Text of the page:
There is a crisp, coolness in the air that I finally realize I’ve been missing.  It’s fall.  It’s the season of scarves and boots, soups and tea, warm beds and cool rooms, squash and apples, orange, yellow, and red leaves crunching under your feet.  If the seasons were kids, fall would be my favorite and all the other seasons would know it.  If fall had a smell, it would be nutmeg.  If fall had a flavor, it would be cider.  What better month is there to taste a bunch of different cider?  September is all about hanging out with new and old friends and grabbing a drink.

Here are some ciders I tasted this month:

Ace – Apple Cider (California)
Ace – Pear
2Towns – Rhubarbarian (Corvallis, OR)
2Towns – Made Marion
Angry Orchard – Apple (Cincinnati, OH)
Angry Orchard – Apple Ginger
Fox Barrel – Blackberry Pear (Colfax, CA)
Fox Barrel – Pacific Pear
Possman – Pure Cider (Germany)
Portland Cider Company – Sorta Sweet (Oregon City, OR?!)
Crispin – Hard Apple (Colfax, CA)
Bushwhacker – Lemongrass Ginger (Portland, OR)
Woodchuck – Pumpkin (Middlebury, VT)
Woodchuck – Fall
Woodchuck – Amber
Fox Tail – Raspberry (Hood River, OR)
Fox Tail Tasting Room samples of 6 ciders

I would love to tell you that the Oregon cider scene is where it’s at.  Oregon does pretty much everything better than anyone else.  We have the best food, and people, and craft beer, and art, and activities blah blah blah.  We do not, unfortunately, have the best cider.  Not yet, at least.  The craft cider game has just begun to thrive in the Pacific NW.  We cannot even compete with a company like Woodchuck, whose been pumping out incredible and innovative flavors for 23 years.  My first Woodchuck flavor was Pumpkin.  Buttery and sweet with just the right amount of savory pumpkin aftertaste.  I could drink this as a meal, and then have another for dessert.  Then I cracked open a bottle of Fall.  It smells and tastes just like how you imagine it would.  Nutmeg, cinnamon, oak, and apples.  It is truly fall in a bottle… that gets you drunk.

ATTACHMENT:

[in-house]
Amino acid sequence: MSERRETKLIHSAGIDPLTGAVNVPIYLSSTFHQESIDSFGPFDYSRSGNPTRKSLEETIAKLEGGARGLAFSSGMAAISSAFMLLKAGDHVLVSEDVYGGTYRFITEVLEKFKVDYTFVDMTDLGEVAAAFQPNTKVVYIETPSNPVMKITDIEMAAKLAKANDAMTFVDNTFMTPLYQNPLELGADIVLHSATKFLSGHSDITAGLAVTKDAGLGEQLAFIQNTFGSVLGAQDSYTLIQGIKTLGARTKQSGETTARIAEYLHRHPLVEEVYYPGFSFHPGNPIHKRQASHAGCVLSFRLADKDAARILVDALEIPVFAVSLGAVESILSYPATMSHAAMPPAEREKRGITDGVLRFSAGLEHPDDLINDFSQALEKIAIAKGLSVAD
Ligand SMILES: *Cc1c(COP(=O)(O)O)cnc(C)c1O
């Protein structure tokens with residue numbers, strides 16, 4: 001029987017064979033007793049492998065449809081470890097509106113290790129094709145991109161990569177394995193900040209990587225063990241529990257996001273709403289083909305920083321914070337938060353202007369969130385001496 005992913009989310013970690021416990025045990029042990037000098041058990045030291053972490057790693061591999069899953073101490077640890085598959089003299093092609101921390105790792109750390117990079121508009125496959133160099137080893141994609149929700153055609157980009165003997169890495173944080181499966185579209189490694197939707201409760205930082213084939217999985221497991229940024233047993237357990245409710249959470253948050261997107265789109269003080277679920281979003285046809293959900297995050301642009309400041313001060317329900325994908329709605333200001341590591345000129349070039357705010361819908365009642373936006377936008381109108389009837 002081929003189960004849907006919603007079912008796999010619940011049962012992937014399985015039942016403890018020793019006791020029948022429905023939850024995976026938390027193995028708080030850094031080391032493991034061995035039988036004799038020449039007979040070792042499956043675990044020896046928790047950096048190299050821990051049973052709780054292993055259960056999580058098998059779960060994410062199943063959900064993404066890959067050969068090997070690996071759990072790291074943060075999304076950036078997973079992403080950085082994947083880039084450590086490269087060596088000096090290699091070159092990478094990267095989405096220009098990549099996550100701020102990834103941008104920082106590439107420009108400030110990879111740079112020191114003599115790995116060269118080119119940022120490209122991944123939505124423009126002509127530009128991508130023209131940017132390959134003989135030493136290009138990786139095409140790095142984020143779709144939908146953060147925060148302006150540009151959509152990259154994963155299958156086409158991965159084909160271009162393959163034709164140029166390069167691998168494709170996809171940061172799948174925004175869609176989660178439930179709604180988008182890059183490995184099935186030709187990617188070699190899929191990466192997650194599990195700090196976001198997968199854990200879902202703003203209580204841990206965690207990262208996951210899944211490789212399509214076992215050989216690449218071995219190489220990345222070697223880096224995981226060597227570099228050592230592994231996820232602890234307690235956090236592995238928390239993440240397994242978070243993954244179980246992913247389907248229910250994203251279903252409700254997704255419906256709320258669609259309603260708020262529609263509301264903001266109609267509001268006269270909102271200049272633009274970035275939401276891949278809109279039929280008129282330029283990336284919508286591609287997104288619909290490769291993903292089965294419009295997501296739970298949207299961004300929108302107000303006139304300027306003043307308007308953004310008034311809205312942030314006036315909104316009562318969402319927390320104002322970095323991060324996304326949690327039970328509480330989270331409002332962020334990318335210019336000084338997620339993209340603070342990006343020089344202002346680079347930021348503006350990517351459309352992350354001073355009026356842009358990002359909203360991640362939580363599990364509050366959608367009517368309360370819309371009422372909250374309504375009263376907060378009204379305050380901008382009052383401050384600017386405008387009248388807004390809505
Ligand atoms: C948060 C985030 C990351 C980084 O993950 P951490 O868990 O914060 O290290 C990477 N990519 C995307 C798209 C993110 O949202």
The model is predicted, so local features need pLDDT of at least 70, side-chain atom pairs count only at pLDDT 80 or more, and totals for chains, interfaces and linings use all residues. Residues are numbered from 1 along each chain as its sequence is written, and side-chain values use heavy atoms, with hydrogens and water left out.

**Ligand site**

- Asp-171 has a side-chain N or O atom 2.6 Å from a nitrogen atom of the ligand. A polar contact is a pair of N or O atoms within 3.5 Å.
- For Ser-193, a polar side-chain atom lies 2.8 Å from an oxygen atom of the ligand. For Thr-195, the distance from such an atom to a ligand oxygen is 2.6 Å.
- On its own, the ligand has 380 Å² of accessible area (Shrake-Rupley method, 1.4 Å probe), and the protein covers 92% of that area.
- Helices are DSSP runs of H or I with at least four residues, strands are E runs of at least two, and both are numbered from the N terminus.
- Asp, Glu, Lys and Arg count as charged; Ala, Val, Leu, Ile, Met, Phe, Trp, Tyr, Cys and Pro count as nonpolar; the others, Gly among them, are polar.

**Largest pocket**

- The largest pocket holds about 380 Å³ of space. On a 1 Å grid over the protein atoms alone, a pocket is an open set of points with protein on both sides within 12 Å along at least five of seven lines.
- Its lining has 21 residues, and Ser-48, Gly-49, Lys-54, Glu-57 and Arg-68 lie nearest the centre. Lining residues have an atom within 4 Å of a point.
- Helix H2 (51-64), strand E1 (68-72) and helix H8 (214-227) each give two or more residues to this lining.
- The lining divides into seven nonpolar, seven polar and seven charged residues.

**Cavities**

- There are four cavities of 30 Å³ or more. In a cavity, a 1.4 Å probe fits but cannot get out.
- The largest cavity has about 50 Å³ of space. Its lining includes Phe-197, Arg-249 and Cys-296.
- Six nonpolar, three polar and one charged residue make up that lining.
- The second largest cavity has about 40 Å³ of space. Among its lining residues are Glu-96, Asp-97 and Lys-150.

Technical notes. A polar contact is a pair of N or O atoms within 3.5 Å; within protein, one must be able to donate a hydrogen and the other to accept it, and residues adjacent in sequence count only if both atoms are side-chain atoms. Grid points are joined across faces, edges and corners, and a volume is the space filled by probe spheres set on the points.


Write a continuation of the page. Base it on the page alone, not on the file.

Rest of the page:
I also got the opportunity to visit a few local Oregon bottlers that are doing it right.  Bushwackers is a small cider bar.  They held a 3 year anniversary party marked with Ciderfest, a free event in the bar with tastings and music and food.  They make their own, selling it by the pint or bottle, and they sell pretty much anything else you can imagine.  Cold cases line the walls with bottled apples and fruit with brightly colored labels.  Imports, exports, ridiculous ABV, super affordable to super fancy… how is a girl to choose?  I also went to Hood River, to visit another local cidery called Fox Tail.  They have a tasting room attached to their bottling plant, adjacent to a farm stand.  The drive there was indescribably beautiful.  The whole town of Hood River is like the best parts of small town downtowns.   The picturesque views from the orchards and wineries, and mountains was breathtaking.  The whole thing was freaking adorable, is what I’m saying.

So, in closing out cider month, I’m thinking back at all the bottles consumed.  What was my favorite might not be yours.  If I like something sweeter like the Fox Barrel Blackberry Pear, you might like something a little more tart, like the Rhubarbarian.  So, here’s my advice to you:  Drink lots of cider.  And if there is Woodchuck Fall or Pumpkin around, send it to me. Immediately.